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Work Smarter

On my first day following training as a collector, I was assigned a relatively small group of accounts by my manager.   After about two hours, my manager called me into his office.  He asked if I remembered calling a customer about a $57 past due invoice that was less than a week past due.  I said yes.  He asked why.  I said I called because the invoice was past due.  After he finished laughing, he explained the idea of prioritizing collection calls this way:

Rather than simply working your way through the accounts assigned to you, start by calling customers with past due balances of let’s say $57,000 or more.  After that, focus on accounts with $5,700 or more past due… and after that you call customers with $57 past due.

In hindsight, this meeting provided me with valuable lessons that I have used ever since.  The most important involved the need to prioritize every collection call every day.  This implies and necessitates getting and staying organized; keeping good notes about each call you make; finding a way to follow up systematically to ensure payment commitments are kept.

I cannot tell you how many times I have told this story, or how many times this basic idea about how to collect more efficiently is overlooked.  My bet is this:  If your department has three or more collectors, at least one of them does not systematically prioritize their outbound collection calls.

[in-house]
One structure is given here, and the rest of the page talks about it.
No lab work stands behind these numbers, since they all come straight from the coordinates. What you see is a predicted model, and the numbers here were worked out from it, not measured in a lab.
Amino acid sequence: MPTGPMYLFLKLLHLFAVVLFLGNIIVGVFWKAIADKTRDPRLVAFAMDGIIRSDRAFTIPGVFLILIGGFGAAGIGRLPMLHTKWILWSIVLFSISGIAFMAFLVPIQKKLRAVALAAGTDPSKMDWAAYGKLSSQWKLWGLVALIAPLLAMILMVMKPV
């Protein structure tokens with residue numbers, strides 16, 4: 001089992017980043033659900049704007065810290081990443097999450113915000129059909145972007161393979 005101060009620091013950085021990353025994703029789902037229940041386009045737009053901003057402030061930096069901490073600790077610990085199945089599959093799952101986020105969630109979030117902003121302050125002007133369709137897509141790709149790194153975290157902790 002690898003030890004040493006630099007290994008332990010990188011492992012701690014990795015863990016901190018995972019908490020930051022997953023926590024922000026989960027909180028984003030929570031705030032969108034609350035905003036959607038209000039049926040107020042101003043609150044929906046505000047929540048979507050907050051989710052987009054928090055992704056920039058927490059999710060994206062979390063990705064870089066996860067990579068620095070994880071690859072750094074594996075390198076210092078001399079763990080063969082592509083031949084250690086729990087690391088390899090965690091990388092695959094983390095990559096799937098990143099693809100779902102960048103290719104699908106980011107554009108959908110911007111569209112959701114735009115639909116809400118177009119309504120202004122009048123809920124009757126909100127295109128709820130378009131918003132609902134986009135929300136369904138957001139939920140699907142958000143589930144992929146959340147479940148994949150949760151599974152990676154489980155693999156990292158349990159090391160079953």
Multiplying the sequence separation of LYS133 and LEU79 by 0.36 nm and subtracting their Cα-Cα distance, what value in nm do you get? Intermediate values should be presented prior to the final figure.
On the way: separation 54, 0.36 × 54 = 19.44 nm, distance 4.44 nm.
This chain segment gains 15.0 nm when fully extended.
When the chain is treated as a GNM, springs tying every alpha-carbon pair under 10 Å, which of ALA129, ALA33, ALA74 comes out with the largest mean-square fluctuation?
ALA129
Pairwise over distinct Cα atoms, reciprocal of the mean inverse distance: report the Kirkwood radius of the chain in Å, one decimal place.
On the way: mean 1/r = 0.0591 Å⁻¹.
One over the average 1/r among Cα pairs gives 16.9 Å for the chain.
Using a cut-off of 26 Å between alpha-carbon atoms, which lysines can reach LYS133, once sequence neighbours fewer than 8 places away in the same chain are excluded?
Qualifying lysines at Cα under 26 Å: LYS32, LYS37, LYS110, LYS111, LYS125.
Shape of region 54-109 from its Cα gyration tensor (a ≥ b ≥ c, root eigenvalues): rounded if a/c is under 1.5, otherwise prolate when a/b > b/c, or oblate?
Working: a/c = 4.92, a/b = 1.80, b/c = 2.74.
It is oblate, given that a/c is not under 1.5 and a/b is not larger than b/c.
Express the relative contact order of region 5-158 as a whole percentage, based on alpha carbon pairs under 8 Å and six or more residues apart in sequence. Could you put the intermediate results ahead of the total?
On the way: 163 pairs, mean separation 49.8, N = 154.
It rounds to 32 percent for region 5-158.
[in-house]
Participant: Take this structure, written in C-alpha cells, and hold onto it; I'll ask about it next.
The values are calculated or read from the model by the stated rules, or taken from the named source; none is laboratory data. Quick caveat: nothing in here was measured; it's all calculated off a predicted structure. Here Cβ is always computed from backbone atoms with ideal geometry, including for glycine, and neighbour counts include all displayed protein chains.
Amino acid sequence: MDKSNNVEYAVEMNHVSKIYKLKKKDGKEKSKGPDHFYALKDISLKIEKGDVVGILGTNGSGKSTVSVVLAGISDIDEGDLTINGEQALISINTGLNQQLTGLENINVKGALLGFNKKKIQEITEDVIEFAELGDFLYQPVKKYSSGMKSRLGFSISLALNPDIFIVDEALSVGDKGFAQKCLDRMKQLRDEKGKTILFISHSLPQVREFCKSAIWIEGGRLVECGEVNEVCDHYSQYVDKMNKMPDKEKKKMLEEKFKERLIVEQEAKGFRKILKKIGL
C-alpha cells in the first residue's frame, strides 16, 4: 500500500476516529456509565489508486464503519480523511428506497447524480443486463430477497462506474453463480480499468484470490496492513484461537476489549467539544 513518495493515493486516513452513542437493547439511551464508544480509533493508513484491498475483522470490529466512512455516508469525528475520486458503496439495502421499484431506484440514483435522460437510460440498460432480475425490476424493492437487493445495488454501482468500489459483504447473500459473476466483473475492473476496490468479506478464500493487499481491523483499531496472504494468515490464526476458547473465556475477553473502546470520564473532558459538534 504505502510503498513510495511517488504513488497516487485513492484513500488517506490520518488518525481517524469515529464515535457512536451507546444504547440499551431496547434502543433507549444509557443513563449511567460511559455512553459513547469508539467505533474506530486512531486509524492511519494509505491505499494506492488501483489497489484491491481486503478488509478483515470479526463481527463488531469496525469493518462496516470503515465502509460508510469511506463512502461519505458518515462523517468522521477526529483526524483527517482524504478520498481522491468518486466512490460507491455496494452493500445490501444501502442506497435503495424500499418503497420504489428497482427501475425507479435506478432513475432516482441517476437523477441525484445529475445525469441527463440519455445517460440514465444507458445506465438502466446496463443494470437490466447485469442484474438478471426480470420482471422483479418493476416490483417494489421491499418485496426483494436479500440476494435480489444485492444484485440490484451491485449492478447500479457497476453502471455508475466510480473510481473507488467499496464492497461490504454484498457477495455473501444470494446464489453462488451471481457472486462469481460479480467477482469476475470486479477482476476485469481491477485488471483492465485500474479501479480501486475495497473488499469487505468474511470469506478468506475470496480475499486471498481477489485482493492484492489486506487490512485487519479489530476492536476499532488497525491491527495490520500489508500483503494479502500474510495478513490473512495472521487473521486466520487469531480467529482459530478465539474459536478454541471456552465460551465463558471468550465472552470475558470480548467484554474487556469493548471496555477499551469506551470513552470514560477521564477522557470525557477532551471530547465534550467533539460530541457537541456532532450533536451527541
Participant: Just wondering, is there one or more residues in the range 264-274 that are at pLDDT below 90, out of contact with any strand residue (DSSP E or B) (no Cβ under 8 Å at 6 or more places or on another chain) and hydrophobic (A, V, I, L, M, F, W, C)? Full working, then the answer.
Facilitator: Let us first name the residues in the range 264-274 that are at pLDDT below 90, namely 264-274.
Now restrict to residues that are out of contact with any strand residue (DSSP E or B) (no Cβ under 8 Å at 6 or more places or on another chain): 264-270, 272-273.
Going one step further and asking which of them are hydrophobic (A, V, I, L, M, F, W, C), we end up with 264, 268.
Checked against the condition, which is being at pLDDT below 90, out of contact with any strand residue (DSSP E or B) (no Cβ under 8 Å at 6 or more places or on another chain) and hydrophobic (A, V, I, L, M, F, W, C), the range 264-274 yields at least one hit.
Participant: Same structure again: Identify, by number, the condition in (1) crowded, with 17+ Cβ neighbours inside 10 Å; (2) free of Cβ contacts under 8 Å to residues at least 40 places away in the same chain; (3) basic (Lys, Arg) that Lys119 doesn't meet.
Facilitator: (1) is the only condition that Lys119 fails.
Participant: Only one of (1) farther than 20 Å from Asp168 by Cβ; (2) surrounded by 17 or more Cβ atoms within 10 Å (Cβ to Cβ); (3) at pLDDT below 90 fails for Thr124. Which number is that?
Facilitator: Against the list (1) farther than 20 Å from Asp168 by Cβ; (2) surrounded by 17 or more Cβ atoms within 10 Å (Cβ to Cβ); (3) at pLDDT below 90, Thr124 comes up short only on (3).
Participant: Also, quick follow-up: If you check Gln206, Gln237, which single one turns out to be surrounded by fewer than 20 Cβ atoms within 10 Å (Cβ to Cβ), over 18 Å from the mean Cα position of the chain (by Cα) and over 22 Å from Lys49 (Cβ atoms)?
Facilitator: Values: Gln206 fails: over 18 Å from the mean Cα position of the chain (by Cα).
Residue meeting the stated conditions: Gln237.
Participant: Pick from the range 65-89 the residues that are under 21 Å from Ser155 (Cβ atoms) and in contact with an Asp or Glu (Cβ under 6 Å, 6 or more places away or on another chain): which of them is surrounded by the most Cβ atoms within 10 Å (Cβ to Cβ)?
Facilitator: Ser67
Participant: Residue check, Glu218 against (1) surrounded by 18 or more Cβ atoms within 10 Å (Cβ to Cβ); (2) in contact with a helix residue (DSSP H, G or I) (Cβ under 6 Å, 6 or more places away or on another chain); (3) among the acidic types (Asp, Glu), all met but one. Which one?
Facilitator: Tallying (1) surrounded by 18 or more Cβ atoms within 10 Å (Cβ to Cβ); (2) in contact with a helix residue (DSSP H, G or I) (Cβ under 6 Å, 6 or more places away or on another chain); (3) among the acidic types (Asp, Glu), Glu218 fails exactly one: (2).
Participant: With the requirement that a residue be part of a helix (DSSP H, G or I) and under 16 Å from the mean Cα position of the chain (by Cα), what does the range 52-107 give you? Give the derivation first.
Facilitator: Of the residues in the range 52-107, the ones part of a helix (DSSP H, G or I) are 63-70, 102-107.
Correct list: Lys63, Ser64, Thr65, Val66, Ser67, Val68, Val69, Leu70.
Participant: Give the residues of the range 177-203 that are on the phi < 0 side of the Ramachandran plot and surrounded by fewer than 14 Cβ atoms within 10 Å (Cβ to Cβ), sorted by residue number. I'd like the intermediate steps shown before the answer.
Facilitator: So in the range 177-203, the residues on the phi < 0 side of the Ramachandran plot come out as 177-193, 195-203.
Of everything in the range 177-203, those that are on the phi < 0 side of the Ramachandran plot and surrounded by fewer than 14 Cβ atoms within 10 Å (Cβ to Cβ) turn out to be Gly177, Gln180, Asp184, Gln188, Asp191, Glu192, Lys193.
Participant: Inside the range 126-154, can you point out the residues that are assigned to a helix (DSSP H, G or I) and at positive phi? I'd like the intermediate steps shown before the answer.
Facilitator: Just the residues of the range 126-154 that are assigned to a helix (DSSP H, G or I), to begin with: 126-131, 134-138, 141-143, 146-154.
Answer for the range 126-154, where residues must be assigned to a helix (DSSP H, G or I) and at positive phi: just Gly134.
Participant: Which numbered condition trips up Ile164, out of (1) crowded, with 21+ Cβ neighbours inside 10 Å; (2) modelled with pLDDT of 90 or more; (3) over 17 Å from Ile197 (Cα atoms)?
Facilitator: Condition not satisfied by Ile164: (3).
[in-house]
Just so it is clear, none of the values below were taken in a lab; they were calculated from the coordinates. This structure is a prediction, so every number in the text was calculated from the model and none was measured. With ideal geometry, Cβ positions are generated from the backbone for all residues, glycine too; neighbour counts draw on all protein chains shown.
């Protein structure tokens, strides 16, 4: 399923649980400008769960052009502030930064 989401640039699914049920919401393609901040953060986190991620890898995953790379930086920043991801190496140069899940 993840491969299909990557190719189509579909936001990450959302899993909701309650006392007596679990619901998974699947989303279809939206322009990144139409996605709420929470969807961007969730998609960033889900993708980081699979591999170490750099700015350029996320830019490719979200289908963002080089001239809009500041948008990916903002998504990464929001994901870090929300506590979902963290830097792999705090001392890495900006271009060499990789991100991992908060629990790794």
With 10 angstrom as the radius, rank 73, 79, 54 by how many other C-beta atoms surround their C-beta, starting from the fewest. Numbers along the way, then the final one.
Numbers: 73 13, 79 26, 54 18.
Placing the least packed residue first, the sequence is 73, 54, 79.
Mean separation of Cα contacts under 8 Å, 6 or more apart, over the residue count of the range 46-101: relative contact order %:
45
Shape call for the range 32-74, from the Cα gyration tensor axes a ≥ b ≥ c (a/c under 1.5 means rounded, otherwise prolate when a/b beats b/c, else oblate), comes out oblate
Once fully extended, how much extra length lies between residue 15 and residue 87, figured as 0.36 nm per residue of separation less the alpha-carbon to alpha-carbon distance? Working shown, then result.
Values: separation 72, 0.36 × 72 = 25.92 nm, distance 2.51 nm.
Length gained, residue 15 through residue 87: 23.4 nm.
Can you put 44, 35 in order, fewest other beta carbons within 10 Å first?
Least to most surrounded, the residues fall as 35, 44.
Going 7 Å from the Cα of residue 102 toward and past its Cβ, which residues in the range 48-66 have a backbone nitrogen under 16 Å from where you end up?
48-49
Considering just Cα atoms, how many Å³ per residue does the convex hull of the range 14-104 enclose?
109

Michael Dennis, MBA, CBF, LCM

I would be very interested to hear whether I am right or wrong.

Michael Dennis’ Covering Credit Commentary. Michael’s website is  www.coveringcredit.com

The opinions presented are those of the author.  The opinions and recommendations do not necessarily reflect the views of CMA, or their Officers and Directors.  Readers are encouraged to evaluate any suggestions or recommendations made, and accept and adopt only those concepts that make sense to them.

8 Responses to “Collection Calls, Work Smart Not Hard – Michael Dennis, CBF”

  1. laurel matthews says:

    I have found that having a collection log on each customer and noting payment promises on your email calendar are in invaluable tools in collecting. I agree with calling the big ticket items first , but small items are important too- those are the ones that will nickel and dime you to death. Especially unearned discounts and short payments. I address those the day I get the check from a customer. My personal motto is to remember that there is a PERSON behind those numbers on the aging not just a debtor with a past due balance. So treat your customers like you would like to be treated if the shoe were on the other foot. Catch more flies with sugar than vinegar!

  2. ANNE MATTSON says:

    You are completely correct without prioritizing you have no way of making your goals!

    We download our aging weekly by invoices which are due. We sort by descending dollars by collector and each person contacts everyone of those accounts before the next down load. This way we meet our monthly credit collection goal and contact all accounts.

    We also address short pays immediately, cash app issues a short pay notice upon receipt on the day we post our checks and a file is kept until they are resolved.

    We also use you get more with Sugar than Salt in our department:)
    Thank you I love this page!

  3. Guy Nishida says: